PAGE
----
By Tufan Neupane
Nepal’s fragile Himalayan terrain gives it one of the highest fatality rates in the world from landslides and flash floods. And 2020 has been particularly destructive with three times more casualties compared to previous years. So far 291 people have lost their lives, 67 are still missing, and 223 have been injured in 481 landslides across the country between 1 April to 13 September.
Women bear the brunt of most disasters like floods, earthquakes and landslides in Nepal because the countryside has been ‘feminised’ by the outmigration of men. And it is the women who tend to be inside the house more often than men.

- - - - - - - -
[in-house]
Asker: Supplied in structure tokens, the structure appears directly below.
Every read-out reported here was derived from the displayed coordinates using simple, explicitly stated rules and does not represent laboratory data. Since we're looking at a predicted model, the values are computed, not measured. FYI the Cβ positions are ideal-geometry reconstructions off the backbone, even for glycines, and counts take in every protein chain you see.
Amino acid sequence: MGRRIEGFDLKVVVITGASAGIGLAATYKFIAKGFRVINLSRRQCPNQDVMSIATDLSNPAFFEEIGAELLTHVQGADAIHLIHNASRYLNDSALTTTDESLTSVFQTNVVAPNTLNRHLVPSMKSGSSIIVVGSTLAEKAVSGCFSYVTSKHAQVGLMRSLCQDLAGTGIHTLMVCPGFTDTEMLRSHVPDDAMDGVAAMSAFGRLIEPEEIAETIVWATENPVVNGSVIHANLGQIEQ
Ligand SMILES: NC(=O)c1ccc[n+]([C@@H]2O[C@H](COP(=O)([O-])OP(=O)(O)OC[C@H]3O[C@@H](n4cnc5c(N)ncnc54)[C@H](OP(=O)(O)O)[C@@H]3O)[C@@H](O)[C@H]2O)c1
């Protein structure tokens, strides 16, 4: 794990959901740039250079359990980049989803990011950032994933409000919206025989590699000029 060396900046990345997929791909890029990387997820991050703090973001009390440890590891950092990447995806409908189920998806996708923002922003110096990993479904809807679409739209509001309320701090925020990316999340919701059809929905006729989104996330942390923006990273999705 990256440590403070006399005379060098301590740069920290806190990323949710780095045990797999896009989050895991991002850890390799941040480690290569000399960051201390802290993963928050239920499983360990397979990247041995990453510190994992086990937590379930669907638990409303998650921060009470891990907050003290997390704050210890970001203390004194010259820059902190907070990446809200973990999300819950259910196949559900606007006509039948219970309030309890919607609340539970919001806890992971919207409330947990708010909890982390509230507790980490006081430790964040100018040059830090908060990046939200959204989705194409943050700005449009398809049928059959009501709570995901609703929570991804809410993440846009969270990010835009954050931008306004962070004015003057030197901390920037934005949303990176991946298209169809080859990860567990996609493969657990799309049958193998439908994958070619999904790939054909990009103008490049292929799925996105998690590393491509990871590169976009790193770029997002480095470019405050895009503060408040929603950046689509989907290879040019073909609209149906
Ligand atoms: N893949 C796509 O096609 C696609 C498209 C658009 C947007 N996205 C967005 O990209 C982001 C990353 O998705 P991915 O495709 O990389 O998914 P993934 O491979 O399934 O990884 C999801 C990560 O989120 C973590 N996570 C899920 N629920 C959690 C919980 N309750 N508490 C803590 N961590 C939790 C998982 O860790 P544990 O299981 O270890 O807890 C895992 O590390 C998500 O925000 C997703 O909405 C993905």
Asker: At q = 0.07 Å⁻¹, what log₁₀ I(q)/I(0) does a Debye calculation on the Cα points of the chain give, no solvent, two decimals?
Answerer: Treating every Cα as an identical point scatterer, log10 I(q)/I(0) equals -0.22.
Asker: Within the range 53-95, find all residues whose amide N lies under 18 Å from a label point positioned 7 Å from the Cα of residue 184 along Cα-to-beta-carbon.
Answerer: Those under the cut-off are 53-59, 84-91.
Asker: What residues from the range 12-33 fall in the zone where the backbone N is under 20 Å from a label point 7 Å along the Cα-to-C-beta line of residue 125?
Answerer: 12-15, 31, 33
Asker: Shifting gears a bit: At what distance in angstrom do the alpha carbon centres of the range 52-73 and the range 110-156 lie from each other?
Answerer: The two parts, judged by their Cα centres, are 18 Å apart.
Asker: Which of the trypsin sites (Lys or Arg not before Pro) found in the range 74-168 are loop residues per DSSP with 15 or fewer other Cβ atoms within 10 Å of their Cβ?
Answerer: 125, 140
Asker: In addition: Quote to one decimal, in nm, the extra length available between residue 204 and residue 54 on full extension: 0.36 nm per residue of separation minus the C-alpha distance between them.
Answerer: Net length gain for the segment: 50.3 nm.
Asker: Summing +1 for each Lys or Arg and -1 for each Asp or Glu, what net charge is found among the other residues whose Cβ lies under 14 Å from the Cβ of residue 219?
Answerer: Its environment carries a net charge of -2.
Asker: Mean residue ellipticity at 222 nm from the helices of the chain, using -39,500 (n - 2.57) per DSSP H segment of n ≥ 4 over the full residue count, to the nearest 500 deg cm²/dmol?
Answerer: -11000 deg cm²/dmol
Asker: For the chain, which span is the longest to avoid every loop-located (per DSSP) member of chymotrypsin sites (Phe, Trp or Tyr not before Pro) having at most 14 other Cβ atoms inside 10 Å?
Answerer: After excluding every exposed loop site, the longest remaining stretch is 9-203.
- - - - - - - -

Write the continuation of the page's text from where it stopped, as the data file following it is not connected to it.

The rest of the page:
Of the total 8,193 fatalities in the 2015 earthquake, 55% (4,497) were women. Even among the children killed, girls (17%) outnumbered boys (15%). It was only in Kathmandu city that more men than women were killed five years ago.
“Women are more likely than men to die from an outbreak or a disaster because they have less access to information and seldom participate in disaster learning skills,” says Sirjana Tamang, vice-chair of Jugal village of Sindhupalchok which saw multiple landslides this monsoon. “Socio-cultural perceptions of sexuality and traditional beliefs about gender responsibility also put women at greater risk in disasters.”